Though pressure washing and power washing have come to be used interchangeably, there are a few significant differences between the two:
HEAT. While both methods require pressurized streams of water for cleaning, only power washing uses hot temperatures to aid with removal.
PRESSURE. Ironically, power washing uses a stronger force than that of pressure washing. Because of this, pressure washing is appropriate for a wider array of cleaning projects, while power washing should be saved for tougher jobs with tougher materials.
APPLICATION. Since a pressure washer provides a greater range of pressure settings without heat, it should be used to clean surfaces like vinyl siding and wood siding, stucco, roofs, decks, and gutters. Sturdier surfaces like brick and concrete are better suited for power washing.
And we’ve barely scratched the surface when it comes to pressurized cleaning services. Temperature variances and chemical agents are also vital to getting the job done right. Sound like a headache? Give us a call and we’ll handle it for you.
Spring is here, and it’s time again to kick off exterior house painting season! April may seem early to some, but the timeframe is only so wide before colder and more unpredictable weather returns. That also means there’s a limited number of projects that can be completed between now and the end of autumn. And those spaces are quickly being filled. But, most of all, exterior house painting, especially in the springtime, is a wise long-term investment. Here are 5 reasons why:
Your paint might be near the end of its life expectancy, which can cause an expensive domino effect (See 2 & 3). Waiting another year might not be a gamble you want to make.
Repeated exposure to winter weather causes warping, mold, and mildew. Maintaining quality exterior paint jobs not only keeps your house looking nice—it’s also a preventative measure.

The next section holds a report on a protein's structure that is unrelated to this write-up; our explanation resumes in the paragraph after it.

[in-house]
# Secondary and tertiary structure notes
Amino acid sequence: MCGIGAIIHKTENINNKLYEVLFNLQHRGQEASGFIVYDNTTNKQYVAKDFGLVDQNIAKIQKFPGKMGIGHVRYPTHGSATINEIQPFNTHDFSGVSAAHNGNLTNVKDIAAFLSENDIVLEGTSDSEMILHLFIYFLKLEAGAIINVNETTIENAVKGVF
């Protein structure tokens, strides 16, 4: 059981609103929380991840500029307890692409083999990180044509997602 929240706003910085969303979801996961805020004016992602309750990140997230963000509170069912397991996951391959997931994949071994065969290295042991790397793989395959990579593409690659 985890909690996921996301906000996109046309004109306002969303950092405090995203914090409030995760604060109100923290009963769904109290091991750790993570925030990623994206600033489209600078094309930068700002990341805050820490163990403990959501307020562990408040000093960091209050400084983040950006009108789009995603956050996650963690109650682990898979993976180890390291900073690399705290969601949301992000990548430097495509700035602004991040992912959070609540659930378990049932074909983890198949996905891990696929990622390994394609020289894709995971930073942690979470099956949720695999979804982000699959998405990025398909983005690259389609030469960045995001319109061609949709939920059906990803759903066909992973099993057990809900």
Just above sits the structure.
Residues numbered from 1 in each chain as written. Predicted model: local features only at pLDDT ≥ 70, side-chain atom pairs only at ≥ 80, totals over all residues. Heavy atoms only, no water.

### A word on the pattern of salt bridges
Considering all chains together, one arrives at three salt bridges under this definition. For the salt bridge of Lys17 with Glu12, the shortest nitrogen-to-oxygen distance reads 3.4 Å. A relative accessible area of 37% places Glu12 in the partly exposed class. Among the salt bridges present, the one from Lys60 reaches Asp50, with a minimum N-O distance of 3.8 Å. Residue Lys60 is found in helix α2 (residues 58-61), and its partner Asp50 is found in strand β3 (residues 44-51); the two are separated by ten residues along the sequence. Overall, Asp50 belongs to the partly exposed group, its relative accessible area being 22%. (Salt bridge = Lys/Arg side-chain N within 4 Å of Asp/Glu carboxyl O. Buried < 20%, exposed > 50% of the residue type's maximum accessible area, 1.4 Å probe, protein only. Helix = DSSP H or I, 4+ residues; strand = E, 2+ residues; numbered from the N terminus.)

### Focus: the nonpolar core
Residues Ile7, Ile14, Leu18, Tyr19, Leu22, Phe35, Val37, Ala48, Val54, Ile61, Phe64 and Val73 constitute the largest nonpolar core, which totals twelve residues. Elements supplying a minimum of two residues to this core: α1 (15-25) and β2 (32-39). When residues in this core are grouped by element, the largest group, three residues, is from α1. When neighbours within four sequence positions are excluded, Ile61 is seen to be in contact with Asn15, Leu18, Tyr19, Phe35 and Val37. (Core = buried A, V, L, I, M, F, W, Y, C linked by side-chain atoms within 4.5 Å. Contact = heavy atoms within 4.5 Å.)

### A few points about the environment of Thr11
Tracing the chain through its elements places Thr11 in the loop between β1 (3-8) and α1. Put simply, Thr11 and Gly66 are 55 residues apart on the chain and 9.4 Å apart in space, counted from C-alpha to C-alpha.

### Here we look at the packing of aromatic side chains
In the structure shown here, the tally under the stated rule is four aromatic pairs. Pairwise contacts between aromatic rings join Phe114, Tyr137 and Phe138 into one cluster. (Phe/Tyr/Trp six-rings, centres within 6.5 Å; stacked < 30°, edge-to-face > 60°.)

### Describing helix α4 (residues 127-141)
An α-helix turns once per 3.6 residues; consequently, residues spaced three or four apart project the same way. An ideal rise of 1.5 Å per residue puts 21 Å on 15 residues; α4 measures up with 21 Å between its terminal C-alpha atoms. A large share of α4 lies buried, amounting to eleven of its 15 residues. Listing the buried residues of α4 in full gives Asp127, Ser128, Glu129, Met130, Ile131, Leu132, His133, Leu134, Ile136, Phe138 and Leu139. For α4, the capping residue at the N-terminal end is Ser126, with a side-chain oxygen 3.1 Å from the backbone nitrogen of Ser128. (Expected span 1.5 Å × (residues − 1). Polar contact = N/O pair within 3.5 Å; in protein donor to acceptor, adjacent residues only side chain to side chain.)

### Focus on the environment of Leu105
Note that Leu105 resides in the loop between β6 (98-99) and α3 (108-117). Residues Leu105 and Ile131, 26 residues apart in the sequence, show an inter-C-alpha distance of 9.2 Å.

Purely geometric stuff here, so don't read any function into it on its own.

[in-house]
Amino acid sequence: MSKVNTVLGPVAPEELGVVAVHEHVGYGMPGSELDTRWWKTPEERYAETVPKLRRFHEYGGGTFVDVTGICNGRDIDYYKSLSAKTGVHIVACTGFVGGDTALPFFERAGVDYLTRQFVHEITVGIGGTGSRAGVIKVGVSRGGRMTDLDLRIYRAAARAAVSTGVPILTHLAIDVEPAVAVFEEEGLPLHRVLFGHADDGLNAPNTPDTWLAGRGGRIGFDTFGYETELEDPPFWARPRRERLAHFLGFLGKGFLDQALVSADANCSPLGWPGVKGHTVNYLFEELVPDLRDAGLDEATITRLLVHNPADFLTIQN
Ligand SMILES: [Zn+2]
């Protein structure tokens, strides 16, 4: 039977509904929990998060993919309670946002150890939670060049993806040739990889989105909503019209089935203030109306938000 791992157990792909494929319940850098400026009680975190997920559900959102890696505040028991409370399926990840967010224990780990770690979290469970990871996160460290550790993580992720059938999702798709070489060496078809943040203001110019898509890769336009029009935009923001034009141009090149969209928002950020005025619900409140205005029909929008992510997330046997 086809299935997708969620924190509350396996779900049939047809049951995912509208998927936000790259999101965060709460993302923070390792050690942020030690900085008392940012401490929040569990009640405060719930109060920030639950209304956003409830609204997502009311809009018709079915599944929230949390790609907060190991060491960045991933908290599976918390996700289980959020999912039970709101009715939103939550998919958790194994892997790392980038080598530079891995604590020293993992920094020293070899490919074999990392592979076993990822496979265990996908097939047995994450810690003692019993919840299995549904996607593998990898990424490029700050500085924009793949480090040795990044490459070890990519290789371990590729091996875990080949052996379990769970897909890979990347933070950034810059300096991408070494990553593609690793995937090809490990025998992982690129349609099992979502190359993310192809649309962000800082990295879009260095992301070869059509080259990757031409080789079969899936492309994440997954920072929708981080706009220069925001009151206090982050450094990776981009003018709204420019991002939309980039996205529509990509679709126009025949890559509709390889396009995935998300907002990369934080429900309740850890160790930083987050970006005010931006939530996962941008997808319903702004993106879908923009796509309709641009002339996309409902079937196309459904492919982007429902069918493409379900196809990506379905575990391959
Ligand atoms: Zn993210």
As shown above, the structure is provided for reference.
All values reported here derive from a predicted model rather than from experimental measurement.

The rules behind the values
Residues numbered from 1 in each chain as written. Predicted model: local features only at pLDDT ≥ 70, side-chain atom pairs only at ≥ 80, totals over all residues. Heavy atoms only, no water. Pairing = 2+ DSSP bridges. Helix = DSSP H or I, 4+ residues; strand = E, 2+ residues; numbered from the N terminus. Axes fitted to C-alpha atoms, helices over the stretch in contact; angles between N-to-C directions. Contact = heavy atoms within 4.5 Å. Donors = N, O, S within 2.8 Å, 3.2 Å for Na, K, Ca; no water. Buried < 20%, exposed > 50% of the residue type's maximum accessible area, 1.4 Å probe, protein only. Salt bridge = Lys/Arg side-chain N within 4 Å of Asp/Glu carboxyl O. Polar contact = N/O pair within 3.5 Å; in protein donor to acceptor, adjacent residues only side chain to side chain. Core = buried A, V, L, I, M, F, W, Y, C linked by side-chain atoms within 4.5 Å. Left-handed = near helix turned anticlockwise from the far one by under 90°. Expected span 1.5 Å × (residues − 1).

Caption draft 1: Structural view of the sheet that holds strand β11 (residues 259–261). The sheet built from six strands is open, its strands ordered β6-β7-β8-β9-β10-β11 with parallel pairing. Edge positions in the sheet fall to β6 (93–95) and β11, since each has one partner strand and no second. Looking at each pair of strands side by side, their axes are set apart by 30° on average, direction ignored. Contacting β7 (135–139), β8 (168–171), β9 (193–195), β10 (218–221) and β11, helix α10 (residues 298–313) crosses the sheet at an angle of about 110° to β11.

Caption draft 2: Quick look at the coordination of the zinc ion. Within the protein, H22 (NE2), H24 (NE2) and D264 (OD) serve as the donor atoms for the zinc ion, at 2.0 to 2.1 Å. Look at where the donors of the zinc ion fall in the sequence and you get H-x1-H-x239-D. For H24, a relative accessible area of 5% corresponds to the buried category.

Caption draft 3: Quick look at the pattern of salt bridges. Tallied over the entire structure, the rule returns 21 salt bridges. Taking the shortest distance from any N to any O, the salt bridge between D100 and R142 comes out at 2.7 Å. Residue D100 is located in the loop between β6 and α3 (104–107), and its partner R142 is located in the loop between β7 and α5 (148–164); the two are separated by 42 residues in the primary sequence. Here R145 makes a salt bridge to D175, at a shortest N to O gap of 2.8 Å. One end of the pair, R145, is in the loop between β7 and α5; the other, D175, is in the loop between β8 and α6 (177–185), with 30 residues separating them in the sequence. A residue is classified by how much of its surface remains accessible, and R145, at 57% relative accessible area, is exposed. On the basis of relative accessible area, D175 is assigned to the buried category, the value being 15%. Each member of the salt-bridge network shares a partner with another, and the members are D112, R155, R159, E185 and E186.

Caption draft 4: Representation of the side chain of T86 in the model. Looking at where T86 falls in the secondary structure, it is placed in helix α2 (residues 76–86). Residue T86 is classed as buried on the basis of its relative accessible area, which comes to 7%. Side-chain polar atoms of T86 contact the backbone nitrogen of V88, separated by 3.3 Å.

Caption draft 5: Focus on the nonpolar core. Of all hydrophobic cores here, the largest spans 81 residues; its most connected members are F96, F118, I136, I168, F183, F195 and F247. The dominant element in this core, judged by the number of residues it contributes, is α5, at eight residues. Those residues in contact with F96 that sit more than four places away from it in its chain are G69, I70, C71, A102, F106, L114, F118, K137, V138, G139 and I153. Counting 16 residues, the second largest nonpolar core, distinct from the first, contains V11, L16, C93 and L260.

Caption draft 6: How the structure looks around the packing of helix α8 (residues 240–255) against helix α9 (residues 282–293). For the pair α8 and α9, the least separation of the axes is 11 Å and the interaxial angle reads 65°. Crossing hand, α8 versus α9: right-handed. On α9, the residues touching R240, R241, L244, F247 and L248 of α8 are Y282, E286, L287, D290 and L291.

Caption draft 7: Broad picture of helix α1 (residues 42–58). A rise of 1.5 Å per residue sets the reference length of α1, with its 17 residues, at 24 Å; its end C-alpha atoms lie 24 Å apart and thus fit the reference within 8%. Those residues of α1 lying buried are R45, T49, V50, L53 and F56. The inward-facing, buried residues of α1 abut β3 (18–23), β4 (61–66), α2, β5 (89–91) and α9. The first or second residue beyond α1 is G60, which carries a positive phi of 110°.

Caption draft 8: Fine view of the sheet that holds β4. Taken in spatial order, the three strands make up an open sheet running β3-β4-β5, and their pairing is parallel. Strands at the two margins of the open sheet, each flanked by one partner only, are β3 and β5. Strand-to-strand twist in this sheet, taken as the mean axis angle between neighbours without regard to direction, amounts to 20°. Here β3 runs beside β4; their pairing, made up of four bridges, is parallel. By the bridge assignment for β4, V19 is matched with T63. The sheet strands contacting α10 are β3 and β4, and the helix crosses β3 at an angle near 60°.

If your house’s exterior paint isn’t properly maintained, your siding may begin to rot. That means you’ll end up paying replacement costs on top of a new paint job.
Since spring is also landscaping season, it’s best to get your painting done first, otherwise all that meticulously-spread mulch or stone, not to mention those ornamental bushes, might get trampled by the painters.
Painting in moderate weather, with less extreme temperature fluctuations, you’re likely to get a much longer-lasting paint job.
This is a question we hear a lot. We hear it from people who just moved into a house with wallpapered walls they don’t like. The rumor you often hear is that you can’t paint over wallpaper, that you have to go through a massive stripping effort before paint can safely be applied. This is only true in some instances.
This happens when paint detaches from the surface.
Prevent: Paint only on clean, dry surfaces. Cover stains with a good primer. Don’t paint in weather that’s particularly hot and humid. Don’t let moisture come in contact with the surface until paint is thoroughly dry.
Nothing is more discouraging when you’ve finished painting than to peel tape off the woodwork and discover the paint bled through. To avoid the pain-in-the-neck chore of scraping off the paint, do a thorough job of adhering the tape before you start. Continue reading →
Before the we paint walls, we fill holes and patch cracks with joint compound. But if you paint directly over it, the compound will suck the moisture out of the paint, giving it a flat, dull look (a problem called “flashing”). Continue reading →
When painting over existing paint, it is important to know whether the old paint is latex or oil.
To find out, do this simple test. Rub a rag or cotton ball soaked in denatured alcohol over the painted surface. If your rag or cotton ball has paint on it, the surface is latex. If not, the surface is oil based paint. If it is oil based paint, you will need coat of oil based primer before starting.